Eling Park

unnamed photo taken in ChongqingAfter 25 minutes drive from Ci Qi Kou, we arrived at Eling Park. There we had our tasteful food. So great! It was really hot. For those who are in favor of spicy food or want to have a risk of tasting the local specialties, it’s a nice choice. 5 minutes walk from Eling Park; there was the private garden of Chiang Kaishek. Facing Yangtze River, it was a good place for a bird’ eye view of the riverside city.

 

Now it was a public park. We were lucky that we encountered many local aged people dancing there.  Seeing their face with smiles, happiness reveal, we couldn’t help dancing with them.Laughters scattered. It was cool.

 

Flying Pavilion

With red and yellow painted wall, Fly Pavilion once served as the noted Jiang’s residence. Now it is used for souvenir shops. The shopkeeper heard our voice and looked out. He sensed that we would not buy and turned back disparity.

 

Huguang Guildhall

Huguan Guildhall Covering an area of 7650 square meters, then we arrived Huguang Guildhall. It was said that people became rarer and rare for the wars in early Qing Dynasty. When it came to Kangxi Year, people from Hunan, Hope, Guangdong and Guangxi moved here. It was built in 1685 and rebuilt in 2003 mainly sponsored by World Bank. We could learn the stories at that time from the lively were figures. According to these Reproduce Scene Reflecting, those who were in hunger, would be given food for free; those who got sick, would be given herbals. Sounds like a real utopia.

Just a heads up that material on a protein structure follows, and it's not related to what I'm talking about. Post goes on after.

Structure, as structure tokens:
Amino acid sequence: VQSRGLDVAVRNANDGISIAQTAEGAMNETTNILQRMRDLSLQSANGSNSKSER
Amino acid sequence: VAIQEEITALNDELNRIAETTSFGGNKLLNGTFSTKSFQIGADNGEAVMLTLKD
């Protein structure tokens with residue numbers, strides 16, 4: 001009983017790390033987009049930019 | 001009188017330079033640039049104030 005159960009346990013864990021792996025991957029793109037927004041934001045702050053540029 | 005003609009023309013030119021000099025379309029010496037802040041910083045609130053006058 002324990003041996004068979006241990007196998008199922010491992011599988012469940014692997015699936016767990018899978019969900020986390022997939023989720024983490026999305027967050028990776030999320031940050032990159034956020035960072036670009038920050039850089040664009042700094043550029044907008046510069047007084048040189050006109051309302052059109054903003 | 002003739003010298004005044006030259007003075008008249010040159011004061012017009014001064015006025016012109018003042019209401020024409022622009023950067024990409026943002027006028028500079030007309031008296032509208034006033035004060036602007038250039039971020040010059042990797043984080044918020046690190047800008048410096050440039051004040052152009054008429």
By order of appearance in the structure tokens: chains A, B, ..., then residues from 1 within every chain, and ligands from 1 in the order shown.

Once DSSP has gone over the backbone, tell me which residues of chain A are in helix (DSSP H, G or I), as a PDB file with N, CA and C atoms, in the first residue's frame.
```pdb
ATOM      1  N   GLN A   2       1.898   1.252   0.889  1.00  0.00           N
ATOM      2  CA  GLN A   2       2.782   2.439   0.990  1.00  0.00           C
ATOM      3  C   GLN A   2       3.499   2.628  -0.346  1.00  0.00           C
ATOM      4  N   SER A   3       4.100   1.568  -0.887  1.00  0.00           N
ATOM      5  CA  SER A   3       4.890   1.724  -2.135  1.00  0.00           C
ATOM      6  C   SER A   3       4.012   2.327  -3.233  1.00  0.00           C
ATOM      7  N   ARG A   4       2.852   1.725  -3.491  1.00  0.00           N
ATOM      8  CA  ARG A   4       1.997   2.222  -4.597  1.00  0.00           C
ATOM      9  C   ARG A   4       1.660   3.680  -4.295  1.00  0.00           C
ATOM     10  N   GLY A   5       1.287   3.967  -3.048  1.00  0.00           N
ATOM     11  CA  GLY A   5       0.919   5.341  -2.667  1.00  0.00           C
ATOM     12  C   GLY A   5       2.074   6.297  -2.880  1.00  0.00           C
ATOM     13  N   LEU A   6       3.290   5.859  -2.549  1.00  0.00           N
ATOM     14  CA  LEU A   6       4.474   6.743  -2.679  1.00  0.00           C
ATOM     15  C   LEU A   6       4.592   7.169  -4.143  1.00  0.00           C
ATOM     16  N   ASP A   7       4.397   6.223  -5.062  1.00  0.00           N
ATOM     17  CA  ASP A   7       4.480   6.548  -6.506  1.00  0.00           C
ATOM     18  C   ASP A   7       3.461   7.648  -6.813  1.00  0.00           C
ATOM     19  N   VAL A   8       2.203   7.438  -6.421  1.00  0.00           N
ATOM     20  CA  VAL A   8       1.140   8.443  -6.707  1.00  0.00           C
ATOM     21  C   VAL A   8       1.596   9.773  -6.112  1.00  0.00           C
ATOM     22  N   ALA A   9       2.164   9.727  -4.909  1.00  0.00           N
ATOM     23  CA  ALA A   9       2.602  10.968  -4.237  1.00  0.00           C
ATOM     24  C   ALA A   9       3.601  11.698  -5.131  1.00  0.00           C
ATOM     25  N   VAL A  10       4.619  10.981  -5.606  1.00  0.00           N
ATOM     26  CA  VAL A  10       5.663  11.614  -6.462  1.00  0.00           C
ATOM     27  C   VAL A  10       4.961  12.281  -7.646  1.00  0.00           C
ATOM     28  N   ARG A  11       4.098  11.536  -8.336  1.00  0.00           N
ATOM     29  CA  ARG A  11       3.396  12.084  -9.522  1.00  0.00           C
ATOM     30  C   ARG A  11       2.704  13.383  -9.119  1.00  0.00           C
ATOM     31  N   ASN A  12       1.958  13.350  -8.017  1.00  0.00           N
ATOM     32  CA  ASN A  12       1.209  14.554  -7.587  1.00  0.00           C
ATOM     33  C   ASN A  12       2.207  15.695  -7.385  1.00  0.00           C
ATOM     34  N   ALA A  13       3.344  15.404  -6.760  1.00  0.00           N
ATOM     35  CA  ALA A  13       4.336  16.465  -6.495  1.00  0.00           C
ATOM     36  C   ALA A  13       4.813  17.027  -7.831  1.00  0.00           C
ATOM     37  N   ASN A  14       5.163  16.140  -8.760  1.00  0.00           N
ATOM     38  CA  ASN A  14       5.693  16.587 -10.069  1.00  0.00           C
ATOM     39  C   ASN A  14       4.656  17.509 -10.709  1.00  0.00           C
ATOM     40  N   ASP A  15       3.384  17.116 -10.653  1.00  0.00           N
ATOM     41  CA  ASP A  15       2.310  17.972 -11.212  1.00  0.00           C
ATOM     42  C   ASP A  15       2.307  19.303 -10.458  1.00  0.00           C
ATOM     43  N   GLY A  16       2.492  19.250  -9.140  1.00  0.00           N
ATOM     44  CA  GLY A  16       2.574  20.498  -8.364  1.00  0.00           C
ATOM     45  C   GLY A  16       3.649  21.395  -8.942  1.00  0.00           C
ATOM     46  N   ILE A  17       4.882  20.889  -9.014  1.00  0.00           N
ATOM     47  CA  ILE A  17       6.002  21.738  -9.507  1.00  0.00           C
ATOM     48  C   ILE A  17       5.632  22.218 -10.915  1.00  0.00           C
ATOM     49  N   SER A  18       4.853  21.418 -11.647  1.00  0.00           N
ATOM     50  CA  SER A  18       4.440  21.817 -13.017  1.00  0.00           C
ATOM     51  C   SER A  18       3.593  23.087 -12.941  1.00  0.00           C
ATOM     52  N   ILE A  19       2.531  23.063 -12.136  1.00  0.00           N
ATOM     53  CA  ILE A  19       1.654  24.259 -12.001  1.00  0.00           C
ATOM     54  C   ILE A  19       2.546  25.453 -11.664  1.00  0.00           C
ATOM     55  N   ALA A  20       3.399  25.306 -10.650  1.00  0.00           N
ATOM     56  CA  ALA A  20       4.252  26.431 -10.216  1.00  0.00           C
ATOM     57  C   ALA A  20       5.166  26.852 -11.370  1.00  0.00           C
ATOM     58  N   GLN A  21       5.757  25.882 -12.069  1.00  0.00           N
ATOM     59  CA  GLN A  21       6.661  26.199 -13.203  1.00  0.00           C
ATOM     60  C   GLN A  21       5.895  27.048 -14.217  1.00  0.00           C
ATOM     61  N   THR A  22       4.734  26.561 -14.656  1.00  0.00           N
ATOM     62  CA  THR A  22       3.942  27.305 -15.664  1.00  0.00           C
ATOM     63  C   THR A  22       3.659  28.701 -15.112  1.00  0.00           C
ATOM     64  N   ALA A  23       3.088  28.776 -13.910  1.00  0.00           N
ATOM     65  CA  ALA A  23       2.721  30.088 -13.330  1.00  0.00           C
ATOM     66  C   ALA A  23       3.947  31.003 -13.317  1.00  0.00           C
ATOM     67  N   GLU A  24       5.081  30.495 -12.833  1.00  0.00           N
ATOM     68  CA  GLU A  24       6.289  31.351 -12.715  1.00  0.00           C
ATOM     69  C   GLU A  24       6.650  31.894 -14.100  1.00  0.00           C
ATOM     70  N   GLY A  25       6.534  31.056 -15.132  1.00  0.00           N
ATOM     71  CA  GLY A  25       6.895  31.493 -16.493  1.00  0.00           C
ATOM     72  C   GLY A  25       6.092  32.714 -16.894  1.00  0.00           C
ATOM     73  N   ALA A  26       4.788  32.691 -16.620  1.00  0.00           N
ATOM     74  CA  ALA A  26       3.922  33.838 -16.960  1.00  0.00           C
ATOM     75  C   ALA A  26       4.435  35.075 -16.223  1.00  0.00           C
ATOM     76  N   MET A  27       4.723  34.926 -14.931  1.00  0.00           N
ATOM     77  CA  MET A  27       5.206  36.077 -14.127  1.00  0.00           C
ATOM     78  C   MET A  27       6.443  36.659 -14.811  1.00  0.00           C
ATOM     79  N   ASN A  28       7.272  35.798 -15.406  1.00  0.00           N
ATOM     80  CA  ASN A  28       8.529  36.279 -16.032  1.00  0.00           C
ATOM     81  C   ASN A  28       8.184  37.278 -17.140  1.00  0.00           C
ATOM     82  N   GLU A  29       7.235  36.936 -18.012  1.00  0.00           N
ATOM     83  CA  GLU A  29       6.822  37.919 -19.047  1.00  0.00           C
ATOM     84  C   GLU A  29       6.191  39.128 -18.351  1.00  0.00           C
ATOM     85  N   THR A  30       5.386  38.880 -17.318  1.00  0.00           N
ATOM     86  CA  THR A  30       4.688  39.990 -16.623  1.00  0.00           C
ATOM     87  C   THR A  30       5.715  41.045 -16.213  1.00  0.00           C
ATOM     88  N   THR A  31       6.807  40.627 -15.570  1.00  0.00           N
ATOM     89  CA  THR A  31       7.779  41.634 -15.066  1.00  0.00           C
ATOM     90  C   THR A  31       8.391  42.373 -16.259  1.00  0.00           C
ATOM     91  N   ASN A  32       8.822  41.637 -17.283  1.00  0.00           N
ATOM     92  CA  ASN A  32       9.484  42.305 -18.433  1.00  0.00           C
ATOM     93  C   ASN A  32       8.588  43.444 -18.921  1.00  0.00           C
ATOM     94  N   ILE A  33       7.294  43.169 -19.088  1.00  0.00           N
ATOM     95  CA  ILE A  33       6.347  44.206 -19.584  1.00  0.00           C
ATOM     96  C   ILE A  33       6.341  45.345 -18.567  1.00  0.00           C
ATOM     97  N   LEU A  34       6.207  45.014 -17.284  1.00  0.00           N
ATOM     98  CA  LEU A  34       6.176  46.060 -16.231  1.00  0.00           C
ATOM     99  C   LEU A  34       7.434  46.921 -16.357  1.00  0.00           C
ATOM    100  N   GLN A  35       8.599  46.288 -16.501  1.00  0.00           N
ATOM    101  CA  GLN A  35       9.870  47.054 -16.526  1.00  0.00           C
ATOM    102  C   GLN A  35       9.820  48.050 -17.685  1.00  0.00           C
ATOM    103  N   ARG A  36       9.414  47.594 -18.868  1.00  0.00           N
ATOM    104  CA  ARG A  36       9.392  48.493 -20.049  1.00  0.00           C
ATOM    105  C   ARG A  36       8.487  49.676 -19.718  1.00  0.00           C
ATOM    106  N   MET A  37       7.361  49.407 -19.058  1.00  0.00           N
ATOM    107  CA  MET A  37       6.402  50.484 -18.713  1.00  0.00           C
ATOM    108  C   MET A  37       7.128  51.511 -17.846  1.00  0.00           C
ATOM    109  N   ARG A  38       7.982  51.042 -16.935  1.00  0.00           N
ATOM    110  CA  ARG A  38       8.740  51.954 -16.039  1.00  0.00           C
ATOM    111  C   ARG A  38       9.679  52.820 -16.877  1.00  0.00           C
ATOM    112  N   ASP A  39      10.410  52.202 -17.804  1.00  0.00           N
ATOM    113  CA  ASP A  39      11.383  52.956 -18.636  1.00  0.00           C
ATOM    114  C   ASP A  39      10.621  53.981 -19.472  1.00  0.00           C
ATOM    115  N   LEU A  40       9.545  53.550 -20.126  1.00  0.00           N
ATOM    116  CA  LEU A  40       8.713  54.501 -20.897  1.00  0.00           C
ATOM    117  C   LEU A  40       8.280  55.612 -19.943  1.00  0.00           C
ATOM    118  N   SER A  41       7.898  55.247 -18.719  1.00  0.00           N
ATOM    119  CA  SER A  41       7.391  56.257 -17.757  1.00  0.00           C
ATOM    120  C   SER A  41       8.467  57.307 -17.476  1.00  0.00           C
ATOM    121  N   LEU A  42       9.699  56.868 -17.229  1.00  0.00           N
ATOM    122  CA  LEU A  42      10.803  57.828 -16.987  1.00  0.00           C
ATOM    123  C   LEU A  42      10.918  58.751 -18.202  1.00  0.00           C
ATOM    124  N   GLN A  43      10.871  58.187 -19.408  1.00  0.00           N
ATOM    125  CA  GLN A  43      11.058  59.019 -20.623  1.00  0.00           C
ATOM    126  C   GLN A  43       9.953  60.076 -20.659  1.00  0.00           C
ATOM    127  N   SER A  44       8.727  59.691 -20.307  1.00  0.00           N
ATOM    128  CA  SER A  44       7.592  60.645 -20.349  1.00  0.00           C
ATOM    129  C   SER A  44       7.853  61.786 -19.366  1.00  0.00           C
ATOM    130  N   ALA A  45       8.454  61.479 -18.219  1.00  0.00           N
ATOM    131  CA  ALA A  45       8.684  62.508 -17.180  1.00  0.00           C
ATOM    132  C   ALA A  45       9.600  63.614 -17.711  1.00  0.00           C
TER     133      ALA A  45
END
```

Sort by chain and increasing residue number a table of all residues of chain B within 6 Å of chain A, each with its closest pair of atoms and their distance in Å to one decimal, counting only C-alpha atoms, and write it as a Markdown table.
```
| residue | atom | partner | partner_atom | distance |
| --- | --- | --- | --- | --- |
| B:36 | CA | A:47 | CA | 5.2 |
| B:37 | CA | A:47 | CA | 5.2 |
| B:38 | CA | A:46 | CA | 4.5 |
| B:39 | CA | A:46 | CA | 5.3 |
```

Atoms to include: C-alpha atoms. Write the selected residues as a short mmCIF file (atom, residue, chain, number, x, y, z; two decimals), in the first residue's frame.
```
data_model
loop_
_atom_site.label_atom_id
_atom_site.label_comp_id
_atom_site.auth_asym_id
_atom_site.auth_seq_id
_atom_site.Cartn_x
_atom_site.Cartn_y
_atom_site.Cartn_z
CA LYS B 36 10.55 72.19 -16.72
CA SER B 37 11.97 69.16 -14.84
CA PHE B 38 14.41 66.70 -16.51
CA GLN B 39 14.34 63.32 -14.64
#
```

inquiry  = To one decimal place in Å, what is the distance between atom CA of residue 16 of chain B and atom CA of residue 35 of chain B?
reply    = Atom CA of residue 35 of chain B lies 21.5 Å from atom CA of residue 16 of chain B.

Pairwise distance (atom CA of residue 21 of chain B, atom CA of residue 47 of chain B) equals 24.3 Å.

Architecture here is very classic. I like these exquisite sculptures and just wondered how could it be done?  Turtle, peach, crane and deer all have the meaning of “longevity” while banana and sunflower mean big crowds of offer springs.

 

Outside the gate, there is a tea store. What’ s interesting,  you can enter the teahouse for half an hour to have a lesson of Chinese tea. The girl in front of us who showed us how to drink tea said, “ That you drink tea is not equal to that you understand tea. That you live not surely means you understand life”, I really love what she said.  Have a cup of tea and listen without doubts, you might get more simple but deep philosophies in the world of Chinese tea.